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Estuary Birds to View by Foot or Canoe

Newport's Back Bay attracts migratory winged visitors and humans who want to observe them.


Summer is still months away, but the tourists have already arrived in a part of Newport Beach where "high season" carries a special meaning. That part is the Upper Newport Bay, seasonal home to visitors by the score--each of them arriving by air. All they seek is some good fishing, a mild winter and a nice place to nest.

That's what they find in the Back Bay, which is why thousands of migratory birds return year after year after year.

For some people, those winged visitors are the attraction in Newport. Folks canoe or kayak the main channel of the bay, as well as walk the trails that skirt it, all to get a closer look at the 165 species of birds that either live there year-round or are just passing through.

Those wanting to delve deeper into the ecological preserve and its history can also visit an interpretive center that opened in October and nestles against a cliff above the bay, reflecting a sensitivity to the natural surroundings.

The setting is less natural at the Back Bay Cafe, next to a boat ramp that attracts a steady stream of power boaters headed for offshore waters. But you can't bird-watch on an empty stomach, and the restaurant's patio is one of the best spots around to chow down on some chowder before or after an estuary foray.

Back to the Bay

Rita McCoy has been paddling the Back Bay for almost 12 years as a leader of canoe and kayak tours and as a member of the Newport Bay Naturalists & Friends. She was drawn by the chance to enjoy and help protect a natural setting so close to city life.

The birds keep her coming back.

"I've been so busy coordinating our volunteers that I haven't been out on the bay for a while," McCoy said on a recent Saturday morning as she prepared to lead a group of canoeists.

"Any time I'm away, I miss it. I'm eager to see what we'll find this morning."

It didn't take long to find some "locals" at the 740-acre Upper Newport Bay Ecological Preserve. Along a shoreline, several dozen sandpipers, stilts and rails sifted breakfast from mud speckled with their footprints.

Even as jets from nearby John Wayne Airport roared overhead and canoes drifted closer to the feeding grounds, the birds hardly slowed in their poking and scooping. McCoy focused on a few of her favorite species, including the clapper rail, identifiable by its bright orange bill and the white patch on its tail.

McCoy spotted another favorite: the American avocet, the filtered sun flashing off its black and white wings. In January, the avocet has a snowy crown, McCoy said, but by late spring, the white has turned to deep rust, adding to its appeal.

By the time the two-hour tour was over, McCoy had shown off owl pellets she found in her Dana Point yard; she'd explained how pickle weed thrives in salty conditions; and she'd pointed out two man-made islands serving as nesting sites. In short, she'd helped fledgling canoeists appreciate the importance of the largest remaining estuary in Southern California.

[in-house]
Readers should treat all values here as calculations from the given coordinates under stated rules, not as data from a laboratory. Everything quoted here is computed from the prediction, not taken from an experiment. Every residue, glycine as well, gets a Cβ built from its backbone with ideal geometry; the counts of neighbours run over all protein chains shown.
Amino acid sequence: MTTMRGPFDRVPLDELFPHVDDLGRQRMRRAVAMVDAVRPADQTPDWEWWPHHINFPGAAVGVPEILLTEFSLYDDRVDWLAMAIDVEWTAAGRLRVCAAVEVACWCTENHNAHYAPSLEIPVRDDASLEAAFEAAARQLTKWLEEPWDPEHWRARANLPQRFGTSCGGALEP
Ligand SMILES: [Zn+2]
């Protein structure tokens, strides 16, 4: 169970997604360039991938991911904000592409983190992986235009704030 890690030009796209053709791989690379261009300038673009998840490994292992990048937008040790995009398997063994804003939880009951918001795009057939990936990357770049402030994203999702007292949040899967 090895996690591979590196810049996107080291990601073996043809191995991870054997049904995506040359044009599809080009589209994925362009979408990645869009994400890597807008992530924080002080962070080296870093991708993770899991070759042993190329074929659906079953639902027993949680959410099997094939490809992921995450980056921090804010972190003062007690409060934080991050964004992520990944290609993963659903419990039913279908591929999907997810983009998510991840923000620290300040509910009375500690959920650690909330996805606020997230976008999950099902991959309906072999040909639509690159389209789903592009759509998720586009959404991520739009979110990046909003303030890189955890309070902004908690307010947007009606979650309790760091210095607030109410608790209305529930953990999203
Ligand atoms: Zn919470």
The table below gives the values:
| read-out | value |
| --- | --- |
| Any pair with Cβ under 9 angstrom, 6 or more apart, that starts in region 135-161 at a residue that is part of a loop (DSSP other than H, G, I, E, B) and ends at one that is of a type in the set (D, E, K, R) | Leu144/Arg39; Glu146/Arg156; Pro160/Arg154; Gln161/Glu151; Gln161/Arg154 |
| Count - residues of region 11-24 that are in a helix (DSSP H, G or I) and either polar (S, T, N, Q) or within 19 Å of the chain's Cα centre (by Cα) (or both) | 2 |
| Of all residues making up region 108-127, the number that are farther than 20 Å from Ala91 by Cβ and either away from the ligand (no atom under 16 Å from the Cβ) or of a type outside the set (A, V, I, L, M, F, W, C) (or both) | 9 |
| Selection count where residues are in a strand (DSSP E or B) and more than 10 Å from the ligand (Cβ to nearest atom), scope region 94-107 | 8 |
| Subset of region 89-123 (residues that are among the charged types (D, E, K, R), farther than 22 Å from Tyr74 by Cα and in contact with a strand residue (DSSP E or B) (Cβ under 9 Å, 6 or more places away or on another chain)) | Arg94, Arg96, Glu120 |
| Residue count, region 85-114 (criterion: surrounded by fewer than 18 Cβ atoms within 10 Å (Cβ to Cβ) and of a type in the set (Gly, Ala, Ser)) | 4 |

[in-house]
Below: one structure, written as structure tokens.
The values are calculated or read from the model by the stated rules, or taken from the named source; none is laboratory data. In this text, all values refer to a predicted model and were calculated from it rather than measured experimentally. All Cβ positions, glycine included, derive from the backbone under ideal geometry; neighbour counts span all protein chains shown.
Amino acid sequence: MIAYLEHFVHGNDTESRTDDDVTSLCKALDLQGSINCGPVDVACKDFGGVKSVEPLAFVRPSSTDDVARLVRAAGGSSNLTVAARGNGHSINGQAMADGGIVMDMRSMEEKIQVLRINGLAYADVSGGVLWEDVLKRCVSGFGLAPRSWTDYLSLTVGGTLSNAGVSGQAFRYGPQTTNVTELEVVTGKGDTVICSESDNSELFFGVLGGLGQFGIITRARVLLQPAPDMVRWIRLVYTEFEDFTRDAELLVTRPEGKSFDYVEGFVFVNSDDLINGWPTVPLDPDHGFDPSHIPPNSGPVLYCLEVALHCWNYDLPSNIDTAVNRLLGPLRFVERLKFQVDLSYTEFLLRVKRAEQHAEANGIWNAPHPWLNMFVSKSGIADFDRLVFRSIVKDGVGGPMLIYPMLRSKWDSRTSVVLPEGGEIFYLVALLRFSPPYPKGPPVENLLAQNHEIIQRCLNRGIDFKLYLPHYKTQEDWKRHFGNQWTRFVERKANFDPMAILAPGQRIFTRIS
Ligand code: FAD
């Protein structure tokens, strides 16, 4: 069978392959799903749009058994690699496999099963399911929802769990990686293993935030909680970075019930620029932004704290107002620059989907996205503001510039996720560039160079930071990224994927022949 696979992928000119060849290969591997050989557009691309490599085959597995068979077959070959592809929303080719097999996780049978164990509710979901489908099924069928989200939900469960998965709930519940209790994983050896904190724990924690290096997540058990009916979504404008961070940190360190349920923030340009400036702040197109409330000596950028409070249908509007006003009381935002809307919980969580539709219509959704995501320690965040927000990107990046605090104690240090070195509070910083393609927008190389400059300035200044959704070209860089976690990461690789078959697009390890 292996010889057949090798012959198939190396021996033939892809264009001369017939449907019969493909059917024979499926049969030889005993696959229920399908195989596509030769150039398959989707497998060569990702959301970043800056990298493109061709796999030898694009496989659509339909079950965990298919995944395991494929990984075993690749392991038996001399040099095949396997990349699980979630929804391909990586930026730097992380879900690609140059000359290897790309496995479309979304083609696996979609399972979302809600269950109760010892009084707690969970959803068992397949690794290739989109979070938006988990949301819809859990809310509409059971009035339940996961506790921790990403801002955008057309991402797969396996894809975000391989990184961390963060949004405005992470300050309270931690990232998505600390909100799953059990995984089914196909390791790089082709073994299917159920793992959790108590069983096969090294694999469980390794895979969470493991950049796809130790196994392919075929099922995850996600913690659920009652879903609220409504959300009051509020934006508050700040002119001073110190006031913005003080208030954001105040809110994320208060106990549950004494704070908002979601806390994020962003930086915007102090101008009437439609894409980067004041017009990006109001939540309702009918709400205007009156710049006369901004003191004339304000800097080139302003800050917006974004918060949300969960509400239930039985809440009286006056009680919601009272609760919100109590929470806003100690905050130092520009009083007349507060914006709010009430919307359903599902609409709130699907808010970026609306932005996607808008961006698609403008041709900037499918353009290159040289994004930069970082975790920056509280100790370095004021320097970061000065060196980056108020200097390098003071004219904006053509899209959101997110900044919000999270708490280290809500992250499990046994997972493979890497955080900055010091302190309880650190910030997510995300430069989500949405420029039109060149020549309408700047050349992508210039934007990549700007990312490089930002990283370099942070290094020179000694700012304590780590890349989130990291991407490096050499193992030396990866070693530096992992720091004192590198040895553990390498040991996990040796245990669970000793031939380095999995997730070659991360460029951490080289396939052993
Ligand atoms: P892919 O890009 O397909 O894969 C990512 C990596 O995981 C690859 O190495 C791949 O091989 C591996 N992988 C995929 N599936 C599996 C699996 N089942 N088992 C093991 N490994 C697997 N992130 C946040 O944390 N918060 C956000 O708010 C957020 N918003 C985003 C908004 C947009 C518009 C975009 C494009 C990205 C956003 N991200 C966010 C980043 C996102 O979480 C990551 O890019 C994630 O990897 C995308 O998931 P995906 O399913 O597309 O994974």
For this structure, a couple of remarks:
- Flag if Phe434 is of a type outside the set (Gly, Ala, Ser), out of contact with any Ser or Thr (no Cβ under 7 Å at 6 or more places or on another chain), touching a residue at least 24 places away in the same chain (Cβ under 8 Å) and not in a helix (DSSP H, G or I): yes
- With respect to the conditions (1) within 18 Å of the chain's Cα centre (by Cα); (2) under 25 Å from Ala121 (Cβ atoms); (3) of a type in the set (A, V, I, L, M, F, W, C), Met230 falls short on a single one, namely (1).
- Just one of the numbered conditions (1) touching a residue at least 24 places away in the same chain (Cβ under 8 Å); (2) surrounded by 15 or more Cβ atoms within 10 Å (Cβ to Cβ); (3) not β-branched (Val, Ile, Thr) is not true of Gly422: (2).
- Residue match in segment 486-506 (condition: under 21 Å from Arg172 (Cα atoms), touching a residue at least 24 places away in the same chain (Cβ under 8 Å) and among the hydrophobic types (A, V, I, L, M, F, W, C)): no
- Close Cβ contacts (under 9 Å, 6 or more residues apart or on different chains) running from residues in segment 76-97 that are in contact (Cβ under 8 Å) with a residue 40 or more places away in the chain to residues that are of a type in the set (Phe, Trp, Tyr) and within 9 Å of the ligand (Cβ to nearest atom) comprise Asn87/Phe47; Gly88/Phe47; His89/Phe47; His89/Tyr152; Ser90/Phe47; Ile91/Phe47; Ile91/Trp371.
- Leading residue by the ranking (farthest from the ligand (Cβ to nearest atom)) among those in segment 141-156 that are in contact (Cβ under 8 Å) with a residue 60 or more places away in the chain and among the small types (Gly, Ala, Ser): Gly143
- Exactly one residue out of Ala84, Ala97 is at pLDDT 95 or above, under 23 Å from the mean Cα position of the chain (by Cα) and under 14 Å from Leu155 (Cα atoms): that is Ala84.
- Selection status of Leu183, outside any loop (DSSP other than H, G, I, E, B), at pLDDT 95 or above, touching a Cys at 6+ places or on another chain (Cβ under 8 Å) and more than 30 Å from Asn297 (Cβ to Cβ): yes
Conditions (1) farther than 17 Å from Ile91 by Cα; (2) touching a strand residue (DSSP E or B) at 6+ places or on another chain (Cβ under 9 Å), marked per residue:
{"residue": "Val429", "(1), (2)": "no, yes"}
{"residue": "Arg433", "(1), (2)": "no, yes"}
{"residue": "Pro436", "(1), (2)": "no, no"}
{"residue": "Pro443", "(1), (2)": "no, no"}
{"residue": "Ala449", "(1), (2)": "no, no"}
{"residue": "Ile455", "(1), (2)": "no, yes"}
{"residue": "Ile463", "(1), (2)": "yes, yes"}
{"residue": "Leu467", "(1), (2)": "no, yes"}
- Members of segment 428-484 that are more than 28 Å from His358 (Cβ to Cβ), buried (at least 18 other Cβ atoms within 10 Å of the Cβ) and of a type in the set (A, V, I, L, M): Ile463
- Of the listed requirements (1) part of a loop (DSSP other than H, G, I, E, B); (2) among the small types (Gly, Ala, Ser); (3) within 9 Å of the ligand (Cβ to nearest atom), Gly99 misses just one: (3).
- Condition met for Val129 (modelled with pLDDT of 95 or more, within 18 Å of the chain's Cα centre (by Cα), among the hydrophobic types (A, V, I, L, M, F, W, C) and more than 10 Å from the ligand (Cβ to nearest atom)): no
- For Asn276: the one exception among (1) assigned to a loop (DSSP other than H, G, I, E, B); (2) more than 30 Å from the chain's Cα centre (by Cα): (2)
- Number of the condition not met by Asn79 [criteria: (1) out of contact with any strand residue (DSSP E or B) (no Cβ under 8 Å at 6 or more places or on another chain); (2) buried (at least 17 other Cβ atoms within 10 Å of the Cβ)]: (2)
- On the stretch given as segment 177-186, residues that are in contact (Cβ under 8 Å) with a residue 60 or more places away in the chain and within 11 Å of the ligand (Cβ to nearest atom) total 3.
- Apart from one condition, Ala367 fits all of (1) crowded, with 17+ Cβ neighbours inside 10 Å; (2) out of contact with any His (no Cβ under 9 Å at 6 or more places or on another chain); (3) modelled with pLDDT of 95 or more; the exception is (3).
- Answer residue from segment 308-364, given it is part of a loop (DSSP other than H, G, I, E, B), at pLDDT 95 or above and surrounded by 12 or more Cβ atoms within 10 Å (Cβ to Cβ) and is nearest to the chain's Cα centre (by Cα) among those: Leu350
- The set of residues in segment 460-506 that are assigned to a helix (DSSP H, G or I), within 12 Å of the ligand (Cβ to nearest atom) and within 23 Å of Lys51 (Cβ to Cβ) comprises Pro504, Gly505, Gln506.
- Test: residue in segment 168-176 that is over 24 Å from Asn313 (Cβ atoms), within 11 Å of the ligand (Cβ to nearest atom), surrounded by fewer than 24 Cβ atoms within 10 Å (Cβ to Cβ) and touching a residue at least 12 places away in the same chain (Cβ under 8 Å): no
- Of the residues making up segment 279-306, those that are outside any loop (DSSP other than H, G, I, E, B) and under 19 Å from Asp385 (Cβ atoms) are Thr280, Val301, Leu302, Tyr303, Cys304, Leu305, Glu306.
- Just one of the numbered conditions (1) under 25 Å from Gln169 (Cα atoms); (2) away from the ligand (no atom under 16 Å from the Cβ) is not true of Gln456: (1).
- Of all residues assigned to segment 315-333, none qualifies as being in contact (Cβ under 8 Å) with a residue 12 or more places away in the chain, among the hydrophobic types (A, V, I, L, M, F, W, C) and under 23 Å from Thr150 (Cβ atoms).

Canoe tours are held every Saturday and meet at Shellmaker Island, near the mouth of the bay. The cost is $13 per person. Call (714) 973-6832 for reservations. Kayak tours are held Sundays and meet at Newport Dunes. Kayak rental is $20 per adult and $15 for children younger than 12. Call (800) 585-0747 for reservations.

The Naturalists also hold walking tours, solar-powered boat tours and campfire programs. Information: (714) 973-6820. The preserve is open 7 a.m. to dusk.

Watching the Tide Roll Away

Upper Newport Bay has its share of secrets, not the least of which is the Back Bay Cafe (1131 Backbay Drive, Newport Beach, [949] 729-1144).

OK, so the restaurant isn't exactly hidden, but it is tucked away in a corner of the Newport Dunes Resort. It's open to the public year-round for breakfast and lunch, in spring and summer for dinner.

The patio affords a view of the bay's mouth. Enjoy eggs Benedict ($8.25) or corned beef hash with two eggs and potatoes ($7.95).

For lunch, try the chicken artichoke salad (grilled chicken breast, hearts of palm, bell peppers, onions, artichoke hearts, tomatoes and greens, $8.95) or the mahi-mahi in lime cilantro sauce with rice and vegetables ($9.95). But whatever the entree, be sure to try the seafood chowder, a creamy delight.

The Back Bay Cafe is open 7 a.m. to 3 p.m. Mondays through Wednesdays, 7 a.m. to 9 p.m. Thursdays through Sundays.

Cliffs Notes

A stop at the Upper Newport Bay Peter and Mary Muth Interpretive Center (2301 University Drive in Newport Beach, [714] 973-6820) is a must for anyone whose interest in the bay has been piqued by a canoe or kayak tour. Of course, first you have to find the center.

It's at the far northwest end of the bay, at the corner of Irvine Avenue and University Drive, but it isn't visible from the street. That's because it's built into the side of a cliff, something like an ancient Southwest Indian dwelling.

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